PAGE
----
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  • Portland Flag Association Publication 1

    Portland Flag Association Free, and Worth Every Penny! Issue 38 February 2013

    A Fine for NOT Flying a Flag By Ted Kaye

    Puerto Ricos house of represen-tatives is considering a bill to pro-hibit the use of the U.S. flag in the absence of Puerto Ricos flag on any building housing the three branches of the commonwealth or municipal government, or any public corporation. The fine would be $100 to $500.

    Rep. Charlie Hernandez defended his bill, saying Puerto Rico is cul-turally unique and needs to repre-sent the islands individuality.

    The bill says During its 113 years of life the Puerto Rican flag has suffered the contempt and affront of external and internal enemies who try to combat the existence of a palpable and indisputable Puerto Rican national identity.

    The flag proposal comes as the islands population considers its status within the United States. In a November two-part referen-dum 54% of voters voiced dissat-isfaction with the islands com-monwealth status, and 61% fa-vored statehood.

    Ironically, the bill would punish

    A Fine for NOT Flying a Flag 1 Flags for TV Shows 2 January 2013 Flutterings 4 Hoover Dam Flags 6 The Chicago Flag 6

    The Flag Quiz 7

    Portland Flag Miscellany 8 Next Meeting Announcement 8


    If you wish to compliment the interim editor, or to contribute in the future, contact Ted Kaye at 503-223-4660 or [email protected] If you wish to complain, call your mother.

    a negative actthat of omitting to fly the flag of Puerto Ricowhich seems highly unusual in the world of flag laws.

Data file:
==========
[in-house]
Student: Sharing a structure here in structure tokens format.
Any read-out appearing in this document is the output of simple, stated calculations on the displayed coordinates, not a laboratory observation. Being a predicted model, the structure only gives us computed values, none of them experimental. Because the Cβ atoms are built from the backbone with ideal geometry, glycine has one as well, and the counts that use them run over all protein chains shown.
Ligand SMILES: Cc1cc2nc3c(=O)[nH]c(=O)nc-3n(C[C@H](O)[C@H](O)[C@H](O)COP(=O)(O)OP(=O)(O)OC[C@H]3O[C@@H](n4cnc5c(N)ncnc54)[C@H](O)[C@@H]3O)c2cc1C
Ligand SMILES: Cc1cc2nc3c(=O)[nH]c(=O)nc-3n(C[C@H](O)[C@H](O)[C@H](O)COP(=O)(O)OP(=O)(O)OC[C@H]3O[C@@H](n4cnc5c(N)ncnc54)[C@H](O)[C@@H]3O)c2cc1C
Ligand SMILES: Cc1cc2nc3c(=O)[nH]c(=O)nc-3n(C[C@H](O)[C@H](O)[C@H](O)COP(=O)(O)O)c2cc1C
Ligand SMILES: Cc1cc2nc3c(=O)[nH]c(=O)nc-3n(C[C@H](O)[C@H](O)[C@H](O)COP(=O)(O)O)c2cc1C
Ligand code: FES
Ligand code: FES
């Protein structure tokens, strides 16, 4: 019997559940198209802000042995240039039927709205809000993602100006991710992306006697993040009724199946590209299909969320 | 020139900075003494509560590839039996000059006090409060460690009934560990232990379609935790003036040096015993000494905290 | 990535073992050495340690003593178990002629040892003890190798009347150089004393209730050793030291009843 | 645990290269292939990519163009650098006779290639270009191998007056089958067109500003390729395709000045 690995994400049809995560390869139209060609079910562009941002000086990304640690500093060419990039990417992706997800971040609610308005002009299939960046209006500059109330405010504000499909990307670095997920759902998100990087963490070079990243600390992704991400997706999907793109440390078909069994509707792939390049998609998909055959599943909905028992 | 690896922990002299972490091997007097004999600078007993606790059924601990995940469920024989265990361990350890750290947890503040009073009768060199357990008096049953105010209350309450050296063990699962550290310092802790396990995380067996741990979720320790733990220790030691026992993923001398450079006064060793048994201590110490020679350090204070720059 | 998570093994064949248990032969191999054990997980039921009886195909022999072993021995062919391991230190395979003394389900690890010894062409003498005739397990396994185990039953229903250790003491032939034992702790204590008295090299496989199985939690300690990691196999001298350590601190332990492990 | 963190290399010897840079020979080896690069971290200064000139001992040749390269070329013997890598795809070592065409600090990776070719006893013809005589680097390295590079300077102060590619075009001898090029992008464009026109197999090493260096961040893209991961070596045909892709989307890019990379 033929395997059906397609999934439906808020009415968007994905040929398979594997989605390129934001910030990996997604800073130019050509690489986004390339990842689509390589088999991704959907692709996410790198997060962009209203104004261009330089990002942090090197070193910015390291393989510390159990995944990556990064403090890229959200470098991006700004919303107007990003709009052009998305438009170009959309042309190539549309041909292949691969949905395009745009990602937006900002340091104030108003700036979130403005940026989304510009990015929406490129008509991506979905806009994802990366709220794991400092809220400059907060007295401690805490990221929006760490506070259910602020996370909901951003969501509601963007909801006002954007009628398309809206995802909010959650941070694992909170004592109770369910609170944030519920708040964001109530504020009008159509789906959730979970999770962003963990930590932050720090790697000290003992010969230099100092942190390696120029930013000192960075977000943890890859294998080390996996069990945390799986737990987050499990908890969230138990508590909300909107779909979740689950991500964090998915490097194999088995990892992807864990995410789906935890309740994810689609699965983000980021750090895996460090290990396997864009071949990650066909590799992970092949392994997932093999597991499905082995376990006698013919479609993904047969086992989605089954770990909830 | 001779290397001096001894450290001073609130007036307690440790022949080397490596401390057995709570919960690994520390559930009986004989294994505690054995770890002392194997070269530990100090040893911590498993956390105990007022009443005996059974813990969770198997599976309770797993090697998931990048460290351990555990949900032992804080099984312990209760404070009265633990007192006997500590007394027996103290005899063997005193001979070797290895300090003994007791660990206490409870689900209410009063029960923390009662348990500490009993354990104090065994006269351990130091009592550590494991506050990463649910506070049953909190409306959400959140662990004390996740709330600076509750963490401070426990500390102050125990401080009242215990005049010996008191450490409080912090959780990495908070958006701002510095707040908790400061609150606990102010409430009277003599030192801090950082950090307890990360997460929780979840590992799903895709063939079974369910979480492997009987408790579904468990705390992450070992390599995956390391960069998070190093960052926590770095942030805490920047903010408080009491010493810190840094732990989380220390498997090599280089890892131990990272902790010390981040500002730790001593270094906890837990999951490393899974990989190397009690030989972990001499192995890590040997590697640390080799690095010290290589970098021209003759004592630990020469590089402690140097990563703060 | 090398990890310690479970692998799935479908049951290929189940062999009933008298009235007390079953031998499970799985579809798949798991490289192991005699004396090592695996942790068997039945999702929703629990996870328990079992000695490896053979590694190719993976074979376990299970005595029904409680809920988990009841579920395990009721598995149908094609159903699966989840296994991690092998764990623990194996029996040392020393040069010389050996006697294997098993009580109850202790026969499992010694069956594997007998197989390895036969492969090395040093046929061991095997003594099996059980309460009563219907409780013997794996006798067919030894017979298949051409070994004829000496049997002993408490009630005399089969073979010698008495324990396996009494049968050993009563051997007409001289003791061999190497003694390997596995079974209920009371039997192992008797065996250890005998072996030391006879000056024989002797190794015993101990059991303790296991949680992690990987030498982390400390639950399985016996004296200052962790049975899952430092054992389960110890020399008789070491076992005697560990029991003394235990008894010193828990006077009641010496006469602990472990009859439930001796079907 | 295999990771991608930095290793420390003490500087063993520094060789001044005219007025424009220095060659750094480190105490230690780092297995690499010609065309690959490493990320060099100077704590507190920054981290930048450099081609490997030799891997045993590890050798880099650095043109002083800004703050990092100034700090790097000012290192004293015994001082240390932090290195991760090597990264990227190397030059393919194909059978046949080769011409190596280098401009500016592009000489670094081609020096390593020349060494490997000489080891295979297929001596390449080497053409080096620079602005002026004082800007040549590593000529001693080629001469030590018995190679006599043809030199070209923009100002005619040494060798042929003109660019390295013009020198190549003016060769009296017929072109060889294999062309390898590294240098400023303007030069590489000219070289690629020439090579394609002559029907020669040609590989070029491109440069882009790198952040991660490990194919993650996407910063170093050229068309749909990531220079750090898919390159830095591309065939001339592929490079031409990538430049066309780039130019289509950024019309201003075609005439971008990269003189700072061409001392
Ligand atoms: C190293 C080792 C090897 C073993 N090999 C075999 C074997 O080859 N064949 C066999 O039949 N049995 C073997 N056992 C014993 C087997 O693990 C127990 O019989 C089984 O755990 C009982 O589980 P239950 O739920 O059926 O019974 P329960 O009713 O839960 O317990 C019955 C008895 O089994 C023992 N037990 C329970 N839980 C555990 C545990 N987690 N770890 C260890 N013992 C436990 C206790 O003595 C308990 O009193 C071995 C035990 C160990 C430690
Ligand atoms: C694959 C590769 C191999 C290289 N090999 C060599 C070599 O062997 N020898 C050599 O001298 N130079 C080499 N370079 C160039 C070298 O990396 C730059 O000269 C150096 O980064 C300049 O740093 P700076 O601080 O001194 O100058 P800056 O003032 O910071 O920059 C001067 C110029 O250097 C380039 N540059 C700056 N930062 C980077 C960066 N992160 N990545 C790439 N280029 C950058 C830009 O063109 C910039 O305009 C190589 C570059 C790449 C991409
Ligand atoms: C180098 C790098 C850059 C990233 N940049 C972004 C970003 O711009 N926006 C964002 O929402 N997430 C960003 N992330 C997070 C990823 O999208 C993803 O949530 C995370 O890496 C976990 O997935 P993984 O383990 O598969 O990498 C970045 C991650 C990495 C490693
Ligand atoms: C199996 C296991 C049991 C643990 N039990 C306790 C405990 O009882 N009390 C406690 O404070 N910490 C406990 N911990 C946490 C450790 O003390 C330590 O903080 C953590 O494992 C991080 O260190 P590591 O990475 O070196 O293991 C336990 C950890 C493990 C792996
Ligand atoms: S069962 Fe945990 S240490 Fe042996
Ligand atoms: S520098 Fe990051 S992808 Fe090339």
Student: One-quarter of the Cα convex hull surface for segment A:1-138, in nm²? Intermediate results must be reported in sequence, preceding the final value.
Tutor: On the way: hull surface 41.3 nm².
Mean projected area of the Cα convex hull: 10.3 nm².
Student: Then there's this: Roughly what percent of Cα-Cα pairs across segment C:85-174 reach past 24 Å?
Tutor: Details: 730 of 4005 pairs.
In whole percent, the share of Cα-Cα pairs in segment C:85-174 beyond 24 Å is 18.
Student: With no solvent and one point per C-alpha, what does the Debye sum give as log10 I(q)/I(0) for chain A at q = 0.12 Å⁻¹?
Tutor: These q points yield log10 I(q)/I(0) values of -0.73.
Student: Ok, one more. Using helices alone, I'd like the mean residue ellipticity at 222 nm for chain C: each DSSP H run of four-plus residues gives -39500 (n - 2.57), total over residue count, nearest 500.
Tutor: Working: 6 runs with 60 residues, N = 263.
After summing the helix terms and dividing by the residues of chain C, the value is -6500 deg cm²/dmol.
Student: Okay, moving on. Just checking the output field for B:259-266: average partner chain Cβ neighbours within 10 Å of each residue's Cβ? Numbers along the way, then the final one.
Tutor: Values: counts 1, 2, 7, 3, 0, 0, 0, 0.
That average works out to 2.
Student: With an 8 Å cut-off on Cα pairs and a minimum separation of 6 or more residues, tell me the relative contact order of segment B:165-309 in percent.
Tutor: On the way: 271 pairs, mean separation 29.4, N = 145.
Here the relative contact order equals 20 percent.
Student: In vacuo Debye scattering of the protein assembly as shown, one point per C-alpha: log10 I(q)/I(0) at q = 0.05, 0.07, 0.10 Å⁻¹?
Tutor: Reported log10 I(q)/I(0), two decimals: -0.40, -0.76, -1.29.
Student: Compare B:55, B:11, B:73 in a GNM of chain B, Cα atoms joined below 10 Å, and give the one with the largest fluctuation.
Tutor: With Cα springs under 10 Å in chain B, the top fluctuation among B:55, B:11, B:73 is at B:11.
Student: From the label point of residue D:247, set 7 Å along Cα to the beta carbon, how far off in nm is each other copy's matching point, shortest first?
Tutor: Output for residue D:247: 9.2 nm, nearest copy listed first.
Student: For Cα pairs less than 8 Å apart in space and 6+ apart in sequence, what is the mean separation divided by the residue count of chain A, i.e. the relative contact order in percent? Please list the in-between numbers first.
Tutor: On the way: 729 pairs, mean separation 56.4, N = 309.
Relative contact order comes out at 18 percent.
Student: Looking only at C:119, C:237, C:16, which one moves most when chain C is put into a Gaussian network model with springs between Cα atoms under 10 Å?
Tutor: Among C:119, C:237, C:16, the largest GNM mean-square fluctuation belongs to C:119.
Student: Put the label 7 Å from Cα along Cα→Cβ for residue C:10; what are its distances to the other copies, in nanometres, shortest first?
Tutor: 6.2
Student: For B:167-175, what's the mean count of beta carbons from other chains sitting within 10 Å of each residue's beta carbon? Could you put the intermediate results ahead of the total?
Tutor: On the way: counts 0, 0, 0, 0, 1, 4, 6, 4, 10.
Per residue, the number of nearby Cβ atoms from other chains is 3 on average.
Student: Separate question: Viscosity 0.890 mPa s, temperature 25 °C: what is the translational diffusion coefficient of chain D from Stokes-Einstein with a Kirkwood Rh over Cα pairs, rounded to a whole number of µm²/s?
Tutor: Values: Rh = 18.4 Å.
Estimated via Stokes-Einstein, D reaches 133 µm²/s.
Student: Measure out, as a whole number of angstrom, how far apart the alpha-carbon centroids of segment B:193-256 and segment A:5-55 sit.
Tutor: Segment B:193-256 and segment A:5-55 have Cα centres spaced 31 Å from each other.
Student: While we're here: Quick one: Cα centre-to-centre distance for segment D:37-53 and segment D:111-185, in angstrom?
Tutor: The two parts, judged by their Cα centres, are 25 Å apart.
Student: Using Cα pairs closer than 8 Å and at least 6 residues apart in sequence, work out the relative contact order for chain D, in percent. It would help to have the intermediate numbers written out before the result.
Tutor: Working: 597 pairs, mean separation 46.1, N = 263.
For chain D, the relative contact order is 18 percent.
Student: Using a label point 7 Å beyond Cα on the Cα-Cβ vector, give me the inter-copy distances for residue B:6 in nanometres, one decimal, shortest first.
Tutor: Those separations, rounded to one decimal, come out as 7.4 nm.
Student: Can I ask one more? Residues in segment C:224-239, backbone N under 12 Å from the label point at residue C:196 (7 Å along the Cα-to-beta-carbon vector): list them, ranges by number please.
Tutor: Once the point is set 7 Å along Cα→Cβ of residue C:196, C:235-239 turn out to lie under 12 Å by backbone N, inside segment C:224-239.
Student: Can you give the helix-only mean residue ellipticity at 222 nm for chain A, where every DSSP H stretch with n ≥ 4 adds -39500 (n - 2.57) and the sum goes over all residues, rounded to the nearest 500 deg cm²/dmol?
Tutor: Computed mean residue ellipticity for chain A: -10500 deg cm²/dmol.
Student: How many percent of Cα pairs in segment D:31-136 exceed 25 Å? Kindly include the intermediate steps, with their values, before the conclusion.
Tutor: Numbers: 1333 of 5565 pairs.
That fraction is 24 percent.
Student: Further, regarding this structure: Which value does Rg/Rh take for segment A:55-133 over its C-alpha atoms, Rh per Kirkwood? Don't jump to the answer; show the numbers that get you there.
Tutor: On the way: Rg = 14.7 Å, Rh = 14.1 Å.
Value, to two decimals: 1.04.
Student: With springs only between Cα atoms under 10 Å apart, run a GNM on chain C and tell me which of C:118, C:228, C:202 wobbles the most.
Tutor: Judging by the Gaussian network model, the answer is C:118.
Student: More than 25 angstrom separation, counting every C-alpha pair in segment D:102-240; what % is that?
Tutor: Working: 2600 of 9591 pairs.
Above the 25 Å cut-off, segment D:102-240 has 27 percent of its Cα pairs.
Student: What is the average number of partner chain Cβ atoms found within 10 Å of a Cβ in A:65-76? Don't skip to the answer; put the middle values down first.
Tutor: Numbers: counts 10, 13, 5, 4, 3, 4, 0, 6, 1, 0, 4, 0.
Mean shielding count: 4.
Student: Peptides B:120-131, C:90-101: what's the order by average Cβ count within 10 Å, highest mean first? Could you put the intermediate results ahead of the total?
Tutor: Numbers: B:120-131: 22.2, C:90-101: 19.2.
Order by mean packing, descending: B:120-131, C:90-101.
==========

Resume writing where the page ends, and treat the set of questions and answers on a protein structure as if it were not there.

Much more common are laws prohibiting the flying of flags, or a particular flag. While such laws are more usual in other countries, even in the U.S. we see home-owners associations regulating flag use in developments, or mu-nicipalities (Beaverton?) restrict-ing flag poles and display (interpreting them under sign codes).

    What other negative flag laws are out there?

    [Source: Huffington Post 1/25/13]

    We offered a prize for whoever named the two VT issues with the same quote! Michael Orlove won it, naming: Numbers 10 and 32.

    The flag which would solve the issue.

    The man who is always waving the flag usually waives what it stands for.

    Matt Murphy

  • The Vexilloid Tabloid 2

    Flags for TV Shows by PSU Design Students

    Jason Sturgill, who teaches design at Portland State University, recently wrote on his blog: One of my students from this past term has started a Tumblr blog around the idea of making flag designs based on TV shows.

    A few weeks ago I invited in a local flag expert from the Port-land Flag Association [Ted Kaye] to come speak about flag design principles since he wrote the book on it, and the students made their own flags based on these principles.

    30 Rock

    Bill Nye a Flag That Flies

    Breaking Bad

    Darkwing Duck


    How I Met Your Mother

    Knight Rider

    Mad Men

    Peewees Playhouse

    Parks and Recreation

  • Portland Flag Association Publication 3

    Beavis and Butthead

    Power Rangers

    Saved by the Bell

    South Park

    Space Ghost

    Teenage Mutant Ninja Turtles

    The Deadliest Catch

    The Office

    The Wire

    Twin Peaks

    Wheel of Fortune

    You Cant Say That on Television

  • The Vexilloid Tabloid 4

    In our January meeting, hosted by Mike Hale, 12 PFA members enjoyed a lively evening of flags and related topics. Mike, as host, led the discussion, asking each of us to introduce ourselves and describe our favorite flag. Scott Mainwaring had closed on his new house that dayhe knew it was right for him because it had a flagpole in front. Having recently returned from Barcelona, he described the widespread dis-play of the Catalan independence flag (see page 6)it was so popu-lar the stores were sold out, so as a consolation he bought a Spanish flag variant bearing an Osborne Bull, the unofficial national sym-bol of Spain. He described the history of that image.

    Michael Orelove updated us on his gather UN member flags project, showing his latest acquisi-tions. He also had approached a Portland firm, CCLI, asking for the country flags it flies in front of its building when they wear outthat recently got him six.

    January 2013 Flutterings You Need to Know